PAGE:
Lighting Designer Luke Harnett knew exactly which Robe moving lights he needed to specify to give a range of creative options needed to light the recent stage production of Bernstein’s comic operetta, Candide (based on the original powerful satire by Voltaire) at the Amey Theatre, Abingdon School, Oxfordshire, UK.
He specified six Robe ROBIN DLX Spots and six LEDWash 300s for the production, which were supplied by Tring based Universal Event Productions – which has a large stock of Robe fixtures. These were utilised along with a variety of generic lights for the show.
Harnett, who currently works full time at the theatre, has been using Robe products for about the last five years and is a keen advocate of the brand.
The latest Robe technology was chosen to be at the heart of the lighting rig for Candide for several reason.
Firstly the CMY colour mixing. The show visits numerous locations in Europe, the Americas and the Ottoman Empire as the complex jittery-paced and fantastical 30 chapter narrative unfolds over two hours - each scene morphing into the next without blackouts! So they needed the superior smoothness and subtlety of fixtures with this feature.
Secondly the zoom on both the LEDWash and the DLX Spots was a massive advantage. The different countries visited by the show were represented by anything from full scale all-singing-all-dancing ‘production’ musical numbers to tiny pools of light for a solo. With the 15 – 60 degree zoom of the LEDWash and the 10 – 45 degree of the DLX, the whole stage could easily be washed.
Another issue was the limited amount of hard power available onstage at the Amey Theatre, so an LED moving light solution brought plenty of latitude to the design. The DLX’s output beats a 1200W series fixture … but it draws only 250W of power.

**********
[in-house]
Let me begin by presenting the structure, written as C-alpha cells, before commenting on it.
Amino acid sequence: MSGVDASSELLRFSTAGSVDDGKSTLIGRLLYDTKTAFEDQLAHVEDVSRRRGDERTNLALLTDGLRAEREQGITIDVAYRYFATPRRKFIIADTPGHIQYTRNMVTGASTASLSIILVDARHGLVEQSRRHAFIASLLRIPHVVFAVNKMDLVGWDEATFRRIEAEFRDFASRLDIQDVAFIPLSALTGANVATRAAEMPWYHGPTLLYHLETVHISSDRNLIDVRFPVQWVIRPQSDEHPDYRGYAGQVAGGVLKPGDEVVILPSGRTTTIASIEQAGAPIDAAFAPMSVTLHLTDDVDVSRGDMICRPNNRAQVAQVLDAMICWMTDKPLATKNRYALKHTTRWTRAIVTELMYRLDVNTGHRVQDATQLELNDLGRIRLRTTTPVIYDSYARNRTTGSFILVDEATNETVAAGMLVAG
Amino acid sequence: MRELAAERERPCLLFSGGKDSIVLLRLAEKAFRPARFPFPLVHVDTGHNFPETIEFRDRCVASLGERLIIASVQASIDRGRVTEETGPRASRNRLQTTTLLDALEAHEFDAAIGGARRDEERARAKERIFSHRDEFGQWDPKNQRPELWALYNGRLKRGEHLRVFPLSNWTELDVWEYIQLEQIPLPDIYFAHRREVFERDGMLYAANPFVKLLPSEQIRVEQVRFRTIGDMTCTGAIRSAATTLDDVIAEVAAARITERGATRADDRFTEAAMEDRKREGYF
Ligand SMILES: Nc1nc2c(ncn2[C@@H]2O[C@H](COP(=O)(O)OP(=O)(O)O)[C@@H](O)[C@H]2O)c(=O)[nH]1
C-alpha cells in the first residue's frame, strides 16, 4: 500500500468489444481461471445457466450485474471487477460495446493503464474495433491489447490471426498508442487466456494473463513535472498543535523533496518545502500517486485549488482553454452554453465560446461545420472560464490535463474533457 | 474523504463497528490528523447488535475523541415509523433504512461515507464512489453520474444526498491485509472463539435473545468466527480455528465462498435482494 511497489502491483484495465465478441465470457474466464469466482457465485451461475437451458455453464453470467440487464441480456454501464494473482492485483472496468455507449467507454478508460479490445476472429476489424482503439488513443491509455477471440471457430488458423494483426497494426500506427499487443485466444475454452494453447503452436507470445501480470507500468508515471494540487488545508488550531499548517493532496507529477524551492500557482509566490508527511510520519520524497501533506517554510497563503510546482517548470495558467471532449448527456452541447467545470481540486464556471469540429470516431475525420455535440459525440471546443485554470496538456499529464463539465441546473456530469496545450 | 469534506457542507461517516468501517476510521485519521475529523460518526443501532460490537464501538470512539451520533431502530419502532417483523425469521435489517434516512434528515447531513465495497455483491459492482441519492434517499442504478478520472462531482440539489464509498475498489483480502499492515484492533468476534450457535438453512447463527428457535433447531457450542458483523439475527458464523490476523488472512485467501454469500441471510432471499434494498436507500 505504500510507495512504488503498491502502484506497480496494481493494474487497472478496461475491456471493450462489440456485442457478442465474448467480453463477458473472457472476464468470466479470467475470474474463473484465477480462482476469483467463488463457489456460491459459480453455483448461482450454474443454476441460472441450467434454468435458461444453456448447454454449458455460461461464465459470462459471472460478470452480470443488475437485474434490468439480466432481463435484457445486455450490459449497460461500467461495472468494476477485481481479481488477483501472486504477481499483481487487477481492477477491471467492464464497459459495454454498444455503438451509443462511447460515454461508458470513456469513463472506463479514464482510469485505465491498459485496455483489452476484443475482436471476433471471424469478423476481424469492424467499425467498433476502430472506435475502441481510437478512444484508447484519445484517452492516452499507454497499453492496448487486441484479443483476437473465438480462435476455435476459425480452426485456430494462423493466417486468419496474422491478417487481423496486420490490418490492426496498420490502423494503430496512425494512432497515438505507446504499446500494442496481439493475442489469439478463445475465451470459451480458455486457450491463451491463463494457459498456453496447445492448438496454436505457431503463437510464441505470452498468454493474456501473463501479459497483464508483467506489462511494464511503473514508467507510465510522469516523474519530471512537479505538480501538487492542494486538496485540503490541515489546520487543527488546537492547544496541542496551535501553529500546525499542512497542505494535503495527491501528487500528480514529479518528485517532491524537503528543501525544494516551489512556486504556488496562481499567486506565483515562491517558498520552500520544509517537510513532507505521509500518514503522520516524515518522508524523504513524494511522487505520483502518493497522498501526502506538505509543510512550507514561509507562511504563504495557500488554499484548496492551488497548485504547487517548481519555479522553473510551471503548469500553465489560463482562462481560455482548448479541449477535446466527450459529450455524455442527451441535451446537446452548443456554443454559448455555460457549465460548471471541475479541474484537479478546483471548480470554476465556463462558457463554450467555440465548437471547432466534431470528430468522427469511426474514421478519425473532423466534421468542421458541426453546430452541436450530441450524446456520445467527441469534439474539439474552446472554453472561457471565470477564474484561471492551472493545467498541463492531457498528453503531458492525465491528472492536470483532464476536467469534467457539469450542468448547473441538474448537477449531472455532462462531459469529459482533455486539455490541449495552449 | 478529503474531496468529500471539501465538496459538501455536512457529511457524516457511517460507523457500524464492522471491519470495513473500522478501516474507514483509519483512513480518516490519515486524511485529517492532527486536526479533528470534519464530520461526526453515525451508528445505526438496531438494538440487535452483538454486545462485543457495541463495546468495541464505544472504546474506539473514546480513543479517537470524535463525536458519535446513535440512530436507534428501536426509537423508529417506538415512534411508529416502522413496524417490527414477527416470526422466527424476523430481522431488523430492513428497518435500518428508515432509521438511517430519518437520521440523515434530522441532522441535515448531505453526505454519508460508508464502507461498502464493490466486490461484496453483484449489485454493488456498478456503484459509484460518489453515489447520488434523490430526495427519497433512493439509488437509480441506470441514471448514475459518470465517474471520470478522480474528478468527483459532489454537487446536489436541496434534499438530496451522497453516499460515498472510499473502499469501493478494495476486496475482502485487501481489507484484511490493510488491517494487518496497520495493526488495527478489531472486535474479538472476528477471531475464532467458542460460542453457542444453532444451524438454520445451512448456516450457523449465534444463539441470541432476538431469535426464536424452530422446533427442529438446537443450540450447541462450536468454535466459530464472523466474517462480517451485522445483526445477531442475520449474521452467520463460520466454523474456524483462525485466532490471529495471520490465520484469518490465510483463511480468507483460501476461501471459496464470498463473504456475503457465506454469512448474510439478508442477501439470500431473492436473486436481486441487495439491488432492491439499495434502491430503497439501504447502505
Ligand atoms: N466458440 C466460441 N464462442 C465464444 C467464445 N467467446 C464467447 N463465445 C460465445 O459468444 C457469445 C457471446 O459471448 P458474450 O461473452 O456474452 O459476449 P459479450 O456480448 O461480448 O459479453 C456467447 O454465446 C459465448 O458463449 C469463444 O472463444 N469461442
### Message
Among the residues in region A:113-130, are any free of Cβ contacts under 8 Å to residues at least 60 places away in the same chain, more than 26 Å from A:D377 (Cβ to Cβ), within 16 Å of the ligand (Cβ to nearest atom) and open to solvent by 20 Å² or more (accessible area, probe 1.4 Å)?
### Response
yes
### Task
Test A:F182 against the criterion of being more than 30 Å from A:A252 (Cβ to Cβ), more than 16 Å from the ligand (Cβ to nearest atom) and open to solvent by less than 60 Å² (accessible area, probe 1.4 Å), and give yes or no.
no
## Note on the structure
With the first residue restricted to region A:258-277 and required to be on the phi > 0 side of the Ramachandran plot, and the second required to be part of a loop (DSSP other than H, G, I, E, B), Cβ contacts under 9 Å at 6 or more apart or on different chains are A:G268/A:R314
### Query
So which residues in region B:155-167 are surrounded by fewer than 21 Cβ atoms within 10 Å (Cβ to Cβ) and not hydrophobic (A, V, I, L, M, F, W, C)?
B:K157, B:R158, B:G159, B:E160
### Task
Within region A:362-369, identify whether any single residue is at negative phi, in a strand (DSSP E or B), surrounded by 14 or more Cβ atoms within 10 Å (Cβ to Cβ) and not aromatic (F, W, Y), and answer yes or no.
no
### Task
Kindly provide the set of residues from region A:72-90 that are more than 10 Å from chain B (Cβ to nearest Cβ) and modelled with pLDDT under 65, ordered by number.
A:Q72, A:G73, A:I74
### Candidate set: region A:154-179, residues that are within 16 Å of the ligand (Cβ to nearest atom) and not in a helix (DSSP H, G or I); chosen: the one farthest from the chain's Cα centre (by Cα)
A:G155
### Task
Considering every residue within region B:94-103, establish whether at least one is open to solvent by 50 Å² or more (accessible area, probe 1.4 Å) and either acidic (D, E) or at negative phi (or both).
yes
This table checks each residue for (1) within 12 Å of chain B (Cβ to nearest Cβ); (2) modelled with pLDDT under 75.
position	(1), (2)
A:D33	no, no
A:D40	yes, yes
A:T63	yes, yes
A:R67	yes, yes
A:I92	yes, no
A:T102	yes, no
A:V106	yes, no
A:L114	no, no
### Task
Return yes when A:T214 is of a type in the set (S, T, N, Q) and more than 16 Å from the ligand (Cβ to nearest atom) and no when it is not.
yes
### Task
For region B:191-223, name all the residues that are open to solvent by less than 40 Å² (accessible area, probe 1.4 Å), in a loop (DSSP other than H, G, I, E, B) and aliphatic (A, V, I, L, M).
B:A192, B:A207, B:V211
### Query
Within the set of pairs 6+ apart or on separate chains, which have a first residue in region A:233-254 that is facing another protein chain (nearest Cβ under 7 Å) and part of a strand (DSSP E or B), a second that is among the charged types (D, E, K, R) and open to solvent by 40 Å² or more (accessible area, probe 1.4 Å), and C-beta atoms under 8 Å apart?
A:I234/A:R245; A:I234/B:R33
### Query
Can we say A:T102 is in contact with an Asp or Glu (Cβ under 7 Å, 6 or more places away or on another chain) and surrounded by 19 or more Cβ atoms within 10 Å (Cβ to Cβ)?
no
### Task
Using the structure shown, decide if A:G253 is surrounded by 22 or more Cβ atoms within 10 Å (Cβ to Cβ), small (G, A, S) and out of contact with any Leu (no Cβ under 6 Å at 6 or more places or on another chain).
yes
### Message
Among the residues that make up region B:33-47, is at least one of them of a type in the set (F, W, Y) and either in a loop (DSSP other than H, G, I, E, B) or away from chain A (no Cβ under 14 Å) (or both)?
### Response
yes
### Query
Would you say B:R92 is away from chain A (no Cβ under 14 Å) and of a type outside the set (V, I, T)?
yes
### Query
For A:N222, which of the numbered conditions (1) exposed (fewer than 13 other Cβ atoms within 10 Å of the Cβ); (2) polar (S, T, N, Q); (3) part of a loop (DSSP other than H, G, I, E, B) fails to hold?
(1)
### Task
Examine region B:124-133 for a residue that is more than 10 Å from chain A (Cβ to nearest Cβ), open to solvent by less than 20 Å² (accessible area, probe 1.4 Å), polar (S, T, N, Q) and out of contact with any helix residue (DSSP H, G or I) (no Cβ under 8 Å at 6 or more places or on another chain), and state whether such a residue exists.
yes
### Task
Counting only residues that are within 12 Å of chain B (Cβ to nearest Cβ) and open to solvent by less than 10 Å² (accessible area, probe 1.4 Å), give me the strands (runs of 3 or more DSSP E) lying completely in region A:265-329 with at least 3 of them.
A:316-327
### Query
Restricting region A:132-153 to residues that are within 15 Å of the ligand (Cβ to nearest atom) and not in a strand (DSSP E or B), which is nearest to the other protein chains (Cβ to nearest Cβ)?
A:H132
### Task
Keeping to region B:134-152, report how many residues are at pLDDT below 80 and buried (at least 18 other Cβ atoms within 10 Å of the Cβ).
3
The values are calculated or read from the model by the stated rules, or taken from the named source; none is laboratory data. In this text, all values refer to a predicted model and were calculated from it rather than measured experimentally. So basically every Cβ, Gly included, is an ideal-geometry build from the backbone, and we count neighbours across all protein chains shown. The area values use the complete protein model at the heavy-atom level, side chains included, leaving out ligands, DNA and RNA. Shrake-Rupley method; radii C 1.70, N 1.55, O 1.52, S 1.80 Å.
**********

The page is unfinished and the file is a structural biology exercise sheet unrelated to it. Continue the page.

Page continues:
Finally, they chose Robe for the renowned reliability of the products and because “Robe is a real driver of LED lighting development in the entertainment industry” concludes Harnett.
The six LEDWash 300s were used primarily as back-wash with three fixtures on two house bars.
Four of the DLXs were positioned directly above the main stage performance area, with two on the FOH perch, all utilised for creating scenic washes, breakups and specials.
Many of the scenes were in water related locations requiring suitable animations and movement. “The DLXs did the job perfectly, ” explains Harnett, “As well as producing animations for horses being ridden through various countries, snow, clouds, other weather based effects … and many more”.
Apart from the high output, smooth colour mixing and large zoom of the DLX, Harnett also appreciates the theatrical grade 16-bit dimmer curve.
On the LEDWash 300, in addition to the colour mixing, he likes the “Amazing” zoom, the light weight (8.2 Kgs) and the prominent and easily readable control screen – also a feature of the DLX.
Harnett programmed and operated Candide’s lighting using a Zero 88 ORB console, and worked closely with video / set designer Rory Fraser Mackenzie on the highly praised visual elements of the production, which ran for three days and was completely sold out.
It was directed by Matthew Hawksworth and Jeremy Taylor and performed by a large cast from Abingdon School and St Helen’s & St Katherine’s School.